The price of empire
Indians tend not to dwell on the country’s colonial past. Whether through national strength or civilizational weakness, India has long refused to hold any grudge against Britain for 200 years of imperial enslavement, plunder and exploitation. But Indians’ equanimity about the past does not annul what was done.
Britain’s shambolic withdrawal from India in 1947, after two centuries of imperial rule, entailed a savage partitioning that gave rise to Pakistan. But it occurred curiously without rancor toward Britain. India chose to remain in the Commonwealth as a republic, and maintained cordial relations with its former overlords.
Some years later, Winston Churchill asked Prime Minister Jawaharlal Nehru, who had spent nearly a decade of his life in British jails, about his apparent lack of bitterness. Nehru replied that “a great man,” Mahatma Gandhi, had taught Indians “never to fear and never to hate.”
But, notwithstanding appearances to the contrary, the scars of colonialism have not fully faded. I learned that firsthand in the summer of 2015, when I delivered a speech at the Oxford Union decrying the iniquities of British colonialism — a speech that, to my surprise, inspired a powerful response across India.
The speech quickly went viral on social media, with one post racking up more than 3 million hits in just 48 hours, and with websites across the globe reposting it. My right-wing opponents stopped trolling me on social media just long enough to hail my speech. The speaker of the Lok Sabha, Sumitra Mahajan, went out of her way to compliment me at a function attended by Prime Minister Narendra Modi, who then congratulated me publicly for having said “the right things at the right place.”
Schools and colleges played the speech to their students. One university, the Central University of Jammu, organized a daylong seminar, at which eminent scholars addressed specific points I had raised. Hundreds of articles were written in response, both in support of and in opposition to my statements.
Two years later, strangers still approach me in public places to praise my “Oxford speech.” My book on the same theme, “An Era of Darkness,” has remained on Indian bestseller lists since its publication three months ago. The British edition, “Inglorious Empire: What the British Did to India,” hits bookshelves next month.
Given India’s longstanding attitudes about colonialism, I did not expect such a reception. But perhaps I should have. After all, the British seized one of the richest countries in the world — accounting for 27 percent of global GDP in 1700 — and, over 200 years of colonial rule, reduced it to one of the world’s poorest.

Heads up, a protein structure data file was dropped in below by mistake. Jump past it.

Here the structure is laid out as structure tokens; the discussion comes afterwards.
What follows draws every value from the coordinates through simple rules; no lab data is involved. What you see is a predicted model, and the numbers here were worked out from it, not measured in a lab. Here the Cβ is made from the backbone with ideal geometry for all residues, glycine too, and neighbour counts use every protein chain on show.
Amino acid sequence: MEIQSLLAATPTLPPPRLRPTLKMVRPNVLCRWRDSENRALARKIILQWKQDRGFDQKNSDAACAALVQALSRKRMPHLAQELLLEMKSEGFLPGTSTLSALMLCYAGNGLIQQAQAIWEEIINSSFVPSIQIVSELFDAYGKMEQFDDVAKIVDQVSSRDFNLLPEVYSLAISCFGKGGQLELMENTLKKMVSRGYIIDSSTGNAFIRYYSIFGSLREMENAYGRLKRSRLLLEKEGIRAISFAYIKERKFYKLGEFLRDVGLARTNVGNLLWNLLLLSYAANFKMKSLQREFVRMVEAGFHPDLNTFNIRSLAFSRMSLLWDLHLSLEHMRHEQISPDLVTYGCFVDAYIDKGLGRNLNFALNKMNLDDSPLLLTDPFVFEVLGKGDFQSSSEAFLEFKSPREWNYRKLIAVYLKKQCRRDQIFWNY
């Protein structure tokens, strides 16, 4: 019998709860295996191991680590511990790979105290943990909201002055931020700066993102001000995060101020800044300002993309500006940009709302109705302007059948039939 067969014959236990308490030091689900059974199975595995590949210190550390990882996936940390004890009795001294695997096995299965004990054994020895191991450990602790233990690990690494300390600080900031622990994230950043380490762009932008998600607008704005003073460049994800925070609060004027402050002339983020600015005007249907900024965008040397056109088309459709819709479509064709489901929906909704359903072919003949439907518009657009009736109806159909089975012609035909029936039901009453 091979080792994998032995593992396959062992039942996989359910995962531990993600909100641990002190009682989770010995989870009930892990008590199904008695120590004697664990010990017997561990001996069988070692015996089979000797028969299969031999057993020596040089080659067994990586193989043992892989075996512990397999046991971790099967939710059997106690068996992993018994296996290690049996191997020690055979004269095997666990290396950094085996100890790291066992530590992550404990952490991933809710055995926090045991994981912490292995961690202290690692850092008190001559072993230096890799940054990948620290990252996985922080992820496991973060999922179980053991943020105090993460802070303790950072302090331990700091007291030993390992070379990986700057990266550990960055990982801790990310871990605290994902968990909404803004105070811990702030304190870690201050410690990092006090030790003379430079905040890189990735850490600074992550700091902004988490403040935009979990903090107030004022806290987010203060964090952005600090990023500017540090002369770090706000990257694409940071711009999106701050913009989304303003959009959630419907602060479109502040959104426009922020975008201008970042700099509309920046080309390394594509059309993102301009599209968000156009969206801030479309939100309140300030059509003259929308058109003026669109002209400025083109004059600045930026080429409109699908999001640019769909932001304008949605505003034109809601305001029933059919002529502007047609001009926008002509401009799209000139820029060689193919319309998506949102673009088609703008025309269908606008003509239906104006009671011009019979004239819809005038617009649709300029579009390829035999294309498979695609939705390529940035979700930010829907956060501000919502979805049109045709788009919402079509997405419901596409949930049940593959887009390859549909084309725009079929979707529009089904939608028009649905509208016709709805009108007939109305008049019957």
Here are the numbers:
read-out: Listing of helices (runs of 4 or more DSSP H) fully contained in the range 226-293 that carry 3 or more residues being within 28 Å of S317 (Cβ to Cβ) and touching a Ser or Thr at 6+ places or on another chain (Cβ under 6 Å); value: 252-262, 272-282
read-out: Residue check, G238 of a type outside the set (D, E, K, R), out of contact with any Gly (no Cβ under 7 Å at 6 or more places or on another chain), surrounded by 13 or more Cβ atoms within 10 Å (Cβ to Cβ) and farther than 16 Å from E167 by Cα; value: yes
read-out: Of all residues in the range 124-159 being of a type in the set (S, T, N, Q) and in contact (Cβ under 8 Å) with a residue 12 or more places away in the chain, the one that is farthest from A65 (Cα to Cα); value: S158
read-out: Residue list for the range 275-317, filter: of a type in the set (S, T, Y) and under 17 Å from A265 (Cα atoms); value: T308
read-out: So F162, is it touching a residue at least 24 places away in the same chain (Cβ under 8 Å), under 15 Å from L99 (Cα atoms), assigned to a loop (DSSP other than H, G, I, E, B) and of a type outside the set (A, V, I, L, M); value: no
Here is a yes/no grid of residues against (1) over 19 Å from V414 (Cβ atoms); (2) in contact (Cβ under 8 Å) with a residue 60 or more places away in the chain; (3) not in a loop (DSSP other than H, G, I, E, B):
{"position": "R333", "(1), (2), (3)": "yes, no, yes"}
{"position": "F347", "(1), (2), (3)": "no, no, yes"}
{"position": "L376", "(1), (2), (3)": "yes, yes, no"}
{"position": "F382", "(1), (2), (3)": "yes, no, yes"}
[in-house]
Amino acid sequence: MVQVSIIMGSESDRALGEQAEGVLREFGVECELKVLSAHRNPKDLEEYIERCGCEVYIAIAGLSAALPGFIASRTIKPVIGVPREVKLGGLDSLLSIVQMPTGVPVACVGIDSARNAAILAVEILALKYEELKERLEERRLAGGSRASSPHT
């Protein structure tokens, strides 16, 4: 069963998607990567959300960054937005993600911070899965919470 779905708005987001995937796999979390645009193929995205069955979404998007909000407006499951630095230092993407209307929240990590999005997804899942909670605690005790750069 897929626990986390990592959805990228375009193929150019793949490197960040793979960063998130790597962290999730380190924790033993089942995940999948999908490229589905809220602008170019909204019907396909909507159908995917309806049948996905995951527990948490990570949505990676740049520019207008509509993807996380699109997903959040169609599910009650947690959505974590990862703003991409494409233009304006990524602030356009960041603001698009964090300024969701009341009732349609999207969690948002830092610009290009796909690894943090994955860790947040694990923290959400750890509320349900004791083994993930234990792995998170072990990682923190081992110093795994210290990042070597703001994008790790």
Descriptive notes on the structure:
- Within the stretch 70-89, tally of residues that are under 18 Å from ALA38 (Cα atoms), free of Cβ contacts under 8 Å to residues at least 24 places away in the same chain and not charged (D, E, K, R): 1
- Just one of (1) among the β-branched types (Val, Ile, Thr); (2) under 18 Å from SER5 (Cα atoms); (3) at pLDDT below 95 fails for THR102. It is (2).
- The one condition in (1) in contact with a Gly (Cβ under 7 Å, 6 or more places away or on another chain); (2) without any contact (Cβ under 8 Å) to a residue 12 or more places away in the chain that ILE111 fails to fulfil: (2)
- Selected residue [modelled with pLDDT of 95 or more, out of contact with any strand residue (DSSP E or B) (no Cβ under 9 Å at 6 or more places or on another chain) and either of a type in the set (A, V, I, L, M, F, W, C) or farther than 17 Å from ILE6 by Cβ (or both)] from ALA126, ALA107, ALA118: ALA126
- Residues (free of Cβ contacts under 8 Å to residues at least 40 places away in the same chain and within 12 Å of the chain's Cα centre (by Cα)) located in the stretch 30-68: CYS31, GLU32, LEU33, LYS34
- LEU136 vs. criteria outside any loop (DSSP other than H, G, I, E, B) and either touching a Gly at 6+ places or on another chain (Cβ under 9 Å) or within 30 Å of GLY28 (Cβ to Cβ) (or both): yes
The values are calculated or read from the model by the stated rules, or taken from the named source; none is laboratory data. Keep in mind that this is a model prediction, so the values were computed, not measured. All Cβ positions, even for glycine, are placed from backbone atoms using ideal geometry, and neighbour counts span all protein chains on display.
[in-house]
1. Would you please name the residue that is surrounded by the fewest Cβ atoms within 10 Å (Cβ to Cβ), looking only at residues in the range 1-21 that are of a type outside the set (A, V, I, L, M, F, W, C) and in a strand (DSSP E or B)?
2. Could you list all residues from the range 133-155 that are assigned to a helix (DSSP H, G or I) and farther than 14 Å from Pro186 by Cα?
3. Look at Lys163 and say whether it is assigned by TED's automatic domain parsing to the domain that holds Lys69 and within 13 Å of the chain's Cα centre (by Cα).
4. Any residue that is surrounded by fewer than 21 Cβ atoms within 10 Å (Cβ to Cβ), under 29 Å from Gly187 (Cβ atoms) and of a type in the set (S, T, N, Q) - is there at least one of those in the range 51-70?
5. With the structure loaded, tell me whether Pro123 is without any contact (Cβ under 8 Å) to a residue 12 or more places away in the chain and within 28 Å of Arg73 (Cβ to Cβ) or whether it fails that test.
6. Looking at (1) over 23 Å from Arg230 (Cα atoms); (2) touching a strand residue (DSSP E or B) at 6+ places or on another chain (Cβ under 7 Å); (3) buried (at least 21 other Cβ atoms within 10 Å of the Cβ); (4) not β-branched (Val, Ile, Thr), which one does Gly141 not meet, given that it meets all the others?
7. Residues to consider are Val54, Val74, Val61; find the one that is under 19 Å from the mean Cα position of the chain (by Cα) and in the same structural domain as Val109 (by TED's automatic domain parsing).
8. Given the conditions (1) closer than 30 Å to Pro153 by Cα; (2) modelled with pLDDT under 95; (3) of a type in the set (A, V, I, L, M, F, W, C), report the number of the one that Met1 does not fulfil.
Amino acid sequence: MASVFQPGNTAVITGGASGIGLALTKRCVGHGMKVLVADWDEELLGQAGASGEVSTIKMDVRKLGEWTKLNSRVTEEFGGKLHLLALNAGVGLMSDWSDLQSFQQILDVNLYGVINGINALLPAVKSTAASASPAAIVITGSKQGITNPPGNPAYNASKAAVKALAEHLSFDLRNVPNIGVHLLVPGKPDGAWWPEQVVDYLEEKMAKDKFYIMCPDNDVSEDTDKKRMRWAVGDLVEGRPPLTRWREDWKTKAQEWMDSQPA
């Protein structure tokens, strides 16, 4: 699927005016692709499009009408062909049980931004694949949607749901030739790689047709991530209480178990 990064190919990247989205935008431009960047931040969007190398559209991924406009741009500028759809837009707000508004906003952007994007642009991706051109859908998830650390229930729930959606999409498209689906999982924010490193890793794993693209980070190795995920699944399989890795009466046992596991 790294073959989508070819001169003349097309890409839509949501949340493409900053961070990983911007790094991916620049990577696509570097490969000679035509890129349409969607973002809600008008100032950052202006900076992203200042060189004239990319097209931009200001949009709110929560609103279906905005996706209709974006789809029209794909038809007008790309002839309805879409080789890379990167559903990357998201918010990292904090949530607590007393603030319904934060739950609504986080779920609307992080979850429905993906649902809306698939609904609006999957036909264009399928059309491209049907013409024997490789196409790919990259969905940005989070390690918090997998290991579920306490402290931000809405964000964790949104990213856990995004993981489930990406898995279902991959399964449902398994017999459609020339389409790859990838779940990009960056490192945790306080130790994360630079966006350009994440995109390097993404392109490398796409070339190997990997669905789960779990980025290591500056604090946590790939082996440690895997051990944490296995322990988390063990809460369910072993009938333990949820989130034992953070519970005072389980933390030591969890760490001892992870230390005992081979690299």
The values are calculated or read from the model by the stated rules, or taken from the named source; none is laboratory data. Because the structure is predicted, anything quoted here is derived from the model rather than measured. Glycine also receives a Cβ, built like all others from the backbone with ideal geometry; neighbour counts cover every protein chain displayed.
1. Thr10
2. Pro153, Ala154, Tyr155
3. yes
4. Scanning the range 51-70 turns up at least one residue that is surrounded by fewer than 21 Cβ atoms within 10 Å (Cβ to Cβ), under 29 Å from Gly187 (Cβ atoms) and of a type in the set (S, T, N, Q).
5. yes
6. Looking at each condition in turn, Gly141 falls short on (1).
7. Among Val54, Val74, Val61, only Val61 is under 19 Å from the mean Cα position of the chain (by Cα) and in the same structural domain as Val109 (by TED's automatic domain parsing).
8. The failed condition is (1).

Londoners marvel at their magnificent city, knowing little of the rapacity and plunder that paid for it. Many British are genuinely unaware of the atrocities their ancestors committed.
Britain destroyed India through looting, expropriation and outright theft — all conducted in a spirit of deep racism and amoral cynicism. The British justified their actions, carried out by brute force, with staggering hypocrisy and cant.
The American historian Will Durant called Britain’s colonial subjugation of India “the greatest crime in all history.” Whether or not one agrees, one thing is clear: Imperialism was not, as some disingenuous British apologists have claimed, an altruistic enterprise.
Britain has been suffering from a kind of historical amnesia about colonialism. As Moni Mohsin, a Pakistani writer, recently pointed out, British colonialism is conspicuously absent from the UK’s school curricula. Mohsin’s own two children, despite attending the best schools in London, never had a single lesson on colonial history.
Londoners marvel at their magnificent city, knowing little of the rapacity and plunder that paid for it. Many British are genuinely unaware of the atrocities their ancestors committed, and some live in the blissful illusion that the British Empire was some sort of civilizing mission to uplift the ignorant natives.
This opens the way for the manipulation of historical narratives. Television soap operas, with their gauzy romanticization of the “Raj,” provide a rose-tinted picture of the colonial era. Several British historians have written hugely successful books extolling the supposed virtues of empire.
In the last decade or two, in particular, popular histories of the British Empire, written by the likes of Niall Ferguson and Lawrence James, have described it in glowing terms. Such accounts fail to acknowledge the atrocities, exploitation, plunder and racism that underpinned the imperial enterprise.
All of this explains — but does not excuse — Britons’ ignorance. The present cannot be understood in terms of simple historical analogies, but the lessons of history must not be ignored. If you do not know where you have come from, how will you appreciate where you are going?
This goes not just for the British, but also for my fellow Indians, who have shown an extraordinary capacity to forgive and forget. But, while we should forgive, we should not forget. In that sense, the powerful response to my 2015 speech at the Oxford Union is encouraging.
The modern relationship between Britain and India — two sovereign and equal countries — is clearly very different from the colonial relationship of the past. When my book hit bookstores in Delhi, British Prime Minister Theresa May was just days away from a visit to seek Indian investment. As I have often argued, you do not need to seek revenge upon history. History is its own revenge.
• Shashi Tharoor, a former UN undersecretary-general and former Indian minister of state for external affairs and minister of state for human resource development, is currently chairman of the Parliamentary Standing Committee on External Affairs and an MP for the Indian National Congress.